The Australian Olympic Committee has selected the 18-strong women’s football squad to the Australian Olympic Team.
Captained by Sam Kerr, the Matildas squad boasts 12 returning Rio Olympians for their second Games and six set to make their Olympic debut in Tokyo.
Falling to a heartbreaking penalty shootout loss to hosts Brazil in the Rio 2016 quarter-finals, the Matildas squad is determined to make Tokyo a memorable tournament.
The squad is filled with players plying their trade in some of the biggest clubs in women’s football including FA Women’s Super League title and Golden Boot winner Sam Kerr, Lyon star defender Ellie Carpenter, UEFA Women’s Champions League-bound Arsenal trio, Steph Catley, Caitlin Foord and Lydia Williams, as well as W-League Championship match-winner Kyra Cooney-Cross.
The 18 players selected are a mix of youth and experience, with three players recording over 100 international appearances for Australia. Teenagers Cooney-Cross and Mary Fowler join Teagan Micah, Emily Gielnik, Hayley Raso and veteran Aivi Luik as the six Olympic debutants.
The Matildas qualified for the Olympics in March 2020, with Emily van Egmond and Sam Kerr leading the Australian charge during the AFC Women’s Olympic Qualifiers. The women’s football team punched their ticket to Tokyo away from home with victory in Quang Ninh, Vietnam.
Chef de Mission for the Australian Olympic Team for Tokyo Ian Chesterman welcomed today’s selection.
“Congratulations to the 18 players selected for the Australian Olympic Team,” Mr. Chesterman said.
The Matildas have shown they are a world-class team and we will be thrilled to see them proudly wear the green and gold in Tokyo.
“This team has shown incredible resilience and a tight bond to make it through the trials of the pandemic and I know they’re up for the challenge in Tokyo.
“While 18 athletes are achieving a fantastic Olympic milestone today, I also want to thank the countless family members, friends, supporters, coaches and teammates who have helped these athletes grow from junior footballers to Olympic athletes ready to compete on the world’s biggest sporting stage.
“The Matildas are out to make an impact in Tokyo and I know millions of Australian fans will be cheering them on from back home.”
The Matildas open their campaign on 21 July against New Zealand before meeting world number five and reigning Olympic silver medallists Sweden, and finishing the group stage against reigning World Champions and world number one USA.
Captain Sam Kerr said leading the team at an Olympics is a special feeling.
“It’s a massive honour,” Kerr said. “Any time I pull on the jumper, I feel really proud, but to call yourself an Olympian is something special. Not many people get to do it so I’m really proud to be an Olympian and to represent Australia. I can’t wait!
“It’s different to say a World Cup just for the fact that it is the Olympics. It’s a little bit prestigious, it’s just overwhelming. I grew up watching the Olympics like everyone else, so to be here, for my second time, is a dream come true.
The Matildas are a really, really exciting team. We’re fast, we’re strong, we’re fit, and I feel like the rest of the world knows that about us.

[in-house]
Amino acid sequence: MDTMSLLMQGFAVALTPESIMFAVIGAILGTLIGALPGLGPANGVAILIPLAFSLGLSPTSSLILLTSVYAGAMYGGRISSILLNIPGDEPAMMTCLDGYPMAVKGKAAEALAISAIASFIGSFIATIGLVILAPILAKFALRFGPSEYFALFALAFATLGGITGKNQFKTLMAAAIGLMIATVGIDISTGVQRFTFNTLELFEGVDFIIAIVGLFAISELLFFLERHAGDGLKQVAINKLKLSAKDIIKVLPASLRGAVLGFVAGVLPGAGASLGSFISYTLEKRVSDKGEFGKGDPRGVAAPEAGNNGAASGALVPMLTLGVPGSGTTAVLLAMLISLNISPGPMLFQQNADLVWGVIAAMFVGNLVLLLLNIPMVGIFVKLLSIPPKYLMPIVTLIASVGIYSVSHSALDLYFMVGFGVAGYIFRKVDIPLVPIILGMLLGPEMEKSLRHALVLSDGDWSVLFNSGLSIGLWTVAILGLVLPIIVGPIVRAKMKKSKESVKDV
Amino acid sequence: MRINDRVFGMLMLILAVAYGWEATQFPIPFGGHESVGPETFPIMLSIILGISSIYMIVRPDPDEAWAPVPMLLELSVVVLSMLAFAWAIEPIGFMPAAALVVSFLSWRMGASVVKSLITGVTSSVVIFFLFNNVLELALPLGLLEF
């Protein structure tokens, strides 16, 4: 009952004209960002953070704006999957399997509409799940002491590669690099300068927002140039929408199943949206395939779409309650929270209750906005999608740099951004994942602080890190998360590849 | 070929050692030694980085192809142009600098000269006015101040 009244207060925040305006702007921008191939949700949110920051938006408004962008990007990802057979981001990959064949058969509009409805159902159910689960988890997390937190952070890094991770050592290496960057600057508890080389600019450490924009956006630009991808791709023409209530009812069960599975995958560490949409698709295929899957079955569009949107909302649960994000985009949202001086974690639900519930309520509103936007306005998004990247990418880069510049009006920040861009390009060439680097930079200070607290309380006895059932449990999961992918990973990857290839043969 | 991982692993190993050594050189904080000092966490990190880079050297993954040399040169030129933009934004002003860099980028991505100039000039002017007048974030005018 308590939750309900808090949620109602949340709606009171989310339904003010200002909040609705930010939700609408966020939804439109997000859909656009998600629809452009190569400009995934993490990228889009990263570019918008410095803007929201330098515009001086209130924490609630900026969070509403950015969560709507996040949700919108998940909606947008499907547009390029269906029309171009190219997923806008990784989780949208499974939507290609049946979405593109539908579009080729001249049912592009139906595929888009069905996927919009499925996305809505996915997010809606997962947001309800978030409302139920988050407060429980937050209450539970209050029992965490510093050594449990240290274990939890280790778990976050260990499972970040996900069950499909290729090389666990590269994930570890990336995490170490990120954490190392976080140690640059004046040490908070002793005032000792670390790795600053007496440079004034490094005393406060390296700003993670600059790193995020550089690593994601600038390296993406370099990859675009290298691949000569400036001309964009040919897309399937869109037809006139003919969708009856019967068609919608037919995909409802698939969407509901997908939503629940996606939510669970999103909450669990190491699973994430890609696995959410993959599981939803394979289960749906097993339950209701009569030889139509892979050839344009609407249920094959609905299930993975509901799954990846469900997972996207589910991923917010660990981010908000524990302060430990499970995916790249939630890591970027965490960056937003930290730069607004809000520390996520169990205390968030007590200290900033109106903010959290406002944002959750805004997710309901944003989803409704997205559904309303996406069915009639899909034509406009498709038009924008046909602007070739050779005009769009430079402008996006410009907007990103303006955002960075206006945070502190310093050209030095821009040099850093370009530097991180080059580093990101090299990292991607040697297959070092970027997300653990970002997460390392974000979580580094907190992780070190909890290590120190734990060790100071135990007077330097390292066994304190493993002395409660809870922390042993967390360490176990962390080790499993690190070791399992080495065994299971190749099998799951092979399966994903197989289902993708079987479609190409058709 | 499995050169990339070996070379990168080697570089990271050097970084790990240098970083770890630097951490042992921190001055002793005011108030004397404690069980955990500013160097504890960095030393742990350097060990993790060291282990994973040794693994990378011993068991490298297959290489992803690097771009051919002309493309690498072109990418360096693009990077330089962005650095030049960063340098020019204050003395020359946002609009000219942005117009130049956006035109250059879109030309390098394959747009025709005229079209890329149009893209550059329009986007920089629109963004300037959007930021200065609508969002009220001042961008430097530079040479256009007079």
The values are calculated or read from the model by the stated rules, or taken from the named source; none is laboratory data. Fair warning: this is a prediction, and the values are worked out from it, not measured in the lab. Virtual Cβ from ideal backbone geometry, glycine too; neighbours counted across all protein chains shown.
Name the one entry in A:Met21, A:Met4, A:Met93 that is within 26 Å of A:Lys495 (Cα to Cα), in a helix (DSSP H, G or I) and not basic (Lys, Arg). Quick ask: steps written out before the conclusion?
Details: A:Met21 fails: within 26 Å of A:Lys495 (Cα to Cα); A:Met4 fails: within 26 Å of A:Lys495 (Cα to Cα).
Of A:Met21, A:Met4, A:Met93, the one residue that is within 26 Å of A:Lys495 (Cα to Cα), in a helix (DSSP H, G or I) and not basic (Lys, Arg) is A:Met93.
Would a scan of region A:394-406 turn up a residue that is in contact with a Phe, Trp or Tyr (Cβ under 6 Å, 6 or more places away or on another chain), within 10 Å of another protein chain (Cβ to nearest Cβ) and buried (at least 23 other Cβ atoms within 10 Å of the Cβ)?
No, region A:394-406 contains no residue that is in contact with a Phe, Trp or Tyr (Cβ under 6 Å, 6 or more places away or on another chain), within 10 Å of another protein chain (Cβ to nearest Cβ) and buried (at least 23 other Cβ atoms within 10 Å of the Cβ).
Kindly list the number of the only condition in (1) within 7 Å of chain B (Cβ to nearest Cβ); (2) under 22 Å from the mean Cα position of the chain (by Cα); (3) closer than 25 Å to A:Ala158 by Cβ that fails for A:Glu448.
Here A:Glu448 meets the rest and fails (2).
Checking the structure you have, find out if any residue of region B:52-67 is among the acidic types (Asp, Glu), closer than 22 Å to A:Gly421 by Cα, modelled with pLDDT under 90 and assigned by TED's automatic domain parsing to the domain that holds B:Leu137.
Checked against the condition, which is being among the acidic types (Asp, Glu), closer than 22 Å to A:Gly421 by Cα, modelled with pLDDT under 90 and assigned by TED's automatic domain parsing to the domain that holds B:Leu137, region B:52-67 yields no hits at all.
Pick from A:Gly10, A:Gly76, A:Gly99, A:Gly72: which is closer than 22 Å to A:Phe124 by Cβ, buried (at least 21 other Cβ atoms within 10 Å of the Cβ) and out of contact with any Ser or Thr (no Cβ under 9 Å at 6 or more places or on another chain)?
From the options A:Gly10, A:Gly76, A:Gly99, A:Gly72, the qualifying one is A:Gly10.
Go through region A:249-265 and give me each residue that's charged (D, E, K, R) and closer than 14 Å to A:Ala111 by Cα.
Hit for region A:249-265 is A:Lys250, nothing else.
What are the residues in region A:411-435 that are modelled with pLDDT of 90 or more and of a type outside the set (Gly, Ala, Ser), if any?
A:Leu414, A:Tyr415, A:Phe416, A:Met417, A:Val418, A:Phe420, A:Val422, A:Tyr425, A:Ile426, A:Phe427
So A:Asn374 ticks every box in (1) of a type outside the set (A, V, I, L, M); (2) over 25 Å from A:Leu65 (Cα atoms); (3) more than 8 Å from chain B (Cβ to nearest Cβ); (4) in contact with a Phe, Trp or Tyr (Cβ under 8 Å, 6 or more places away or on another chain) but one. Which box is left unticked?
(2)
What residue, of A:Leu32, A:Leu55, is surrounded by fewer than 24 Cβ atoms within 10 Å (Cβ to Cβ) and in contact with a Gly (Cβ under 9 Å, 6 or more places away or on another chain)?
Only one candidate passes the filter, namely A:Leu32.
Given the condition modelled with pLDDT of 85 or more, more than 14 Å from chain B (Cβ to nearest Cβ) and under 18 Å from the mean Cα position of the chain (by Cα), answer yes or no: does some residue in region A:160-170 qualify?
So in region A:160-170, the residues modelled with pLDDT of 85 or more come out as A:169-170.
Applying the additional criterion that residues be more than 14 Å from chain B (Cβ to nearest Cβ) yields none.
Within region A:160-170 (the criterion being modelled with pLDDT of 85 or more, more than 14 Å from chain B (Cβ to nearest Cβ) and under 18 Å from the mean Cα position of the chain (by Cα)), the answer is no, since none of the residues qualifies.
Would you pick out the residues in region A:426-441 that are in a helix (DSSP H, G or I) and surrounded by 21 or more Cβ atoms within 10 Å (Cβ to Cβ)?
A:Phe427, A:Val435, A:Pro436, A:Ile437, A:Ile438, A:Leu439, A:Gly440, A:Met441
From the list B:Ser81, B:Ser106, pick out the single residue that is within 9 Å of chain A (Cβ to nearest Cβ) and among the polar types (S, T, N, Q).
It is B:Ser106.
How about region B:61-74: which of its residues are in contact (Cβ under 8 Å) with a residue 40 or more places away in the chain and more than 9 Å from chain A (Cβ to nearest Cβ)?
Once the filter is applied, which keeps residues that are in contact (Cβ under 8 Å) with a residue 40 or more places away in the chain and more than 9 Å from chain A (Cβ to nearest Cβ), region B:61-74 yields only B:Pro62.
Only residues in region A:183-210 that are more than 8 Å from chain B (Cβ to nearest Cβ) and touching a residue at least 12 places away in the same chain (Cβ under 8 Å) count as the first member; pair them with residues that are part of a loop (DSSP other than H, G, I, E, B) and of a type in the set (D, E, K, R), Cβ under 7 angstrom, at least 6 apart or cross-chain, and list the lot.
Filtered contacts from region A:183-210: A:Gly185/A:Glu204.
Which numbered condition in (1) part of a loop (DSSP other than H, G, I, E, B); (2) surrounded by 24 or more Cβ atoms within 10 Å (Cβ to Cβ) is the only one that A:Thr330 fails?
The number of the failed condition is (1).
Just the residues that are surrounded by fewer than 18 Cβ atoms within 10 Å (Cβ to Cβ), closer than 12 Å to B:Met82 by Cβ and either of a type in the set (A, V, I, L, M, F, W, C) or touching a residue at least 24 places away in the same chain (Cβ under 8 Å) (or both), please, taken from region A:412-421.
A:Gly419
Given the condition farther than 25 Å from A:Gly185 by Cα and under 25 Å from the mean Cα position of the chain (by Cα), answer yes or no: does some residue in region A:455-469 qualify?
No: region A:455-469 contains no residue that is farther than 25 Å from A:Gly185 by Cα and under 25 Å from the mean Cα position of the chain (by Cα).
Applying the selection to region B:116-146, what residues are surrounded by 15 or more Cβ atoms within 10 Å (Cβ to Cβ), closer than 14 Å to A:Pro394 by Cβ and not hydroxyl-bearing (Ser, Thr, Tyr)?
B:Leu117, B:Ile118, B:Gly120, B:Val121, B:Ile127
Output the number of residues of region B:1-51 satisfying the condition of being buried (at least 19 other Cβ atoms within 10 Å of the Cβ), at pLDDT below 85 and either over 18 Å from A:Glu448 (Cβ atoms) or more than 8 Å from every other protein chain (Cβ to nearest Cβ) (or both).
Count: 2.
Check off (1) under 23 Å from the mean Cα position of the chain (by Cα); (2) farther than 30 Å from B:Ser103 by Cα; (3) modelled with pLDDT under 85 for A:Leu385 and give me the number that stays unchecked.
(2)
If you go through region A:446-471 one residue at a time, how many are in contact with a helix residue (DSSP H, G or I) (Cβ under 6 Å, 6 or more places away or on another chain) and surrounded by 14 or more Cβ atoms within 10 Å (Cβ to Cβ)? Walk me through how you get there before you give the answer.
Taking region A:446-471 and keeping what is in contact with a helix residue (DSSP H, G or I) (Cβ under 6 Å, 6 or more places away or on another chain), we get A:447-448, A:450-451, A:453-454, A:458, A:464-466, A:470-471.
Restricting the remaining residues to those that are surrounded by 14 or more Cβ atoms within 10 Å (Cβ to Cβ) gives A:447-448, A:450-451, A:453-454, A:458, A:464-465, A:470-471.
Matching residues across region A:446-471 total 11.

“It’s really about using our strengths to the best of our abilities. Off the field what people don’t see is we’re a really close-knit family. We all have each other’s back and we can’t wait to go and represent Australia in the best way possible.
“I’m really proud and really excited for this opportunity, it’s something I definitely don’t take for granted.”
At just 18, debutant Mary Fowler is the youngest on the team.
“It feels absolutely amazing to be selected for the Tokyo 2020 Olympics,” Fowler said. “As a kid, it’s the one dream I had in sports so it feels amazing.
“The moment I found out I was going to Tokyo; I was in a meeting with the coaches, and I don’t really expect myself to react overly over the top, to be so emotional.
“But when I got told, and I got handed a piece of paper saying I’m going, everything just clicked.
“Then I just started tearing up. I was a bit taken aback because this doesn’t usually happen, but it was just a really good feeling.”
Coach Tony Gustavsson said the strength of the squad made today’s selection very difficult.
“First I want to thank every single player out there that fought to get a spot, and they’ve done it so that I had a difficult decision to make,” Gustavsson said. “That’s how it should be for a head coach and that’s also how we get better.
“The players that have been selected, it’s a team with a lot of passion and pride to now represent the country. It’s a spirit within the team that I love.
“It’s a team and a roster that is very attacking balanced, but also with a lot of versatility. There’s a lot of players in this roster that can play multiple positions with which is exactly what you need in an Olympic tournament.
On the pitch you are definitely going to see a brave team that’s going to take a step forward. It’s going to be an attacking mindset on the field. Off the field, this team is always going to represent in the best way possible. It’s an authentic team that is really true to who they are and very, very proud to represent their country.”
Mackenzie Arnold, Laura Brock, Charlotte Grant and Courtney Nevin have been named as the travelling reserves. If called up to the team due to injury or other circumstances, they would be selected to the Australian Olympic Team at that time.
The Football competition will run from 21 July – 7 August at venues around Japan.
Australian Olympic Team for Tokyo – Women’s Football
Emily van Egmond
AUSTRALIA – GROUP G MATCHES
Australia v New Zealand
21 July 2021
Kick Off: 21:30 (AEST)
Tokyo Stadium, Tokyo
Sweden v Australia
24 July 2021
Kick Off: 18:30 (AEST)
Saitama Stadium 2002, Saitama
United States v Australia
27 July 2021
Kick Off: 18:00 (AEST)
Kashima Stadium, Kashima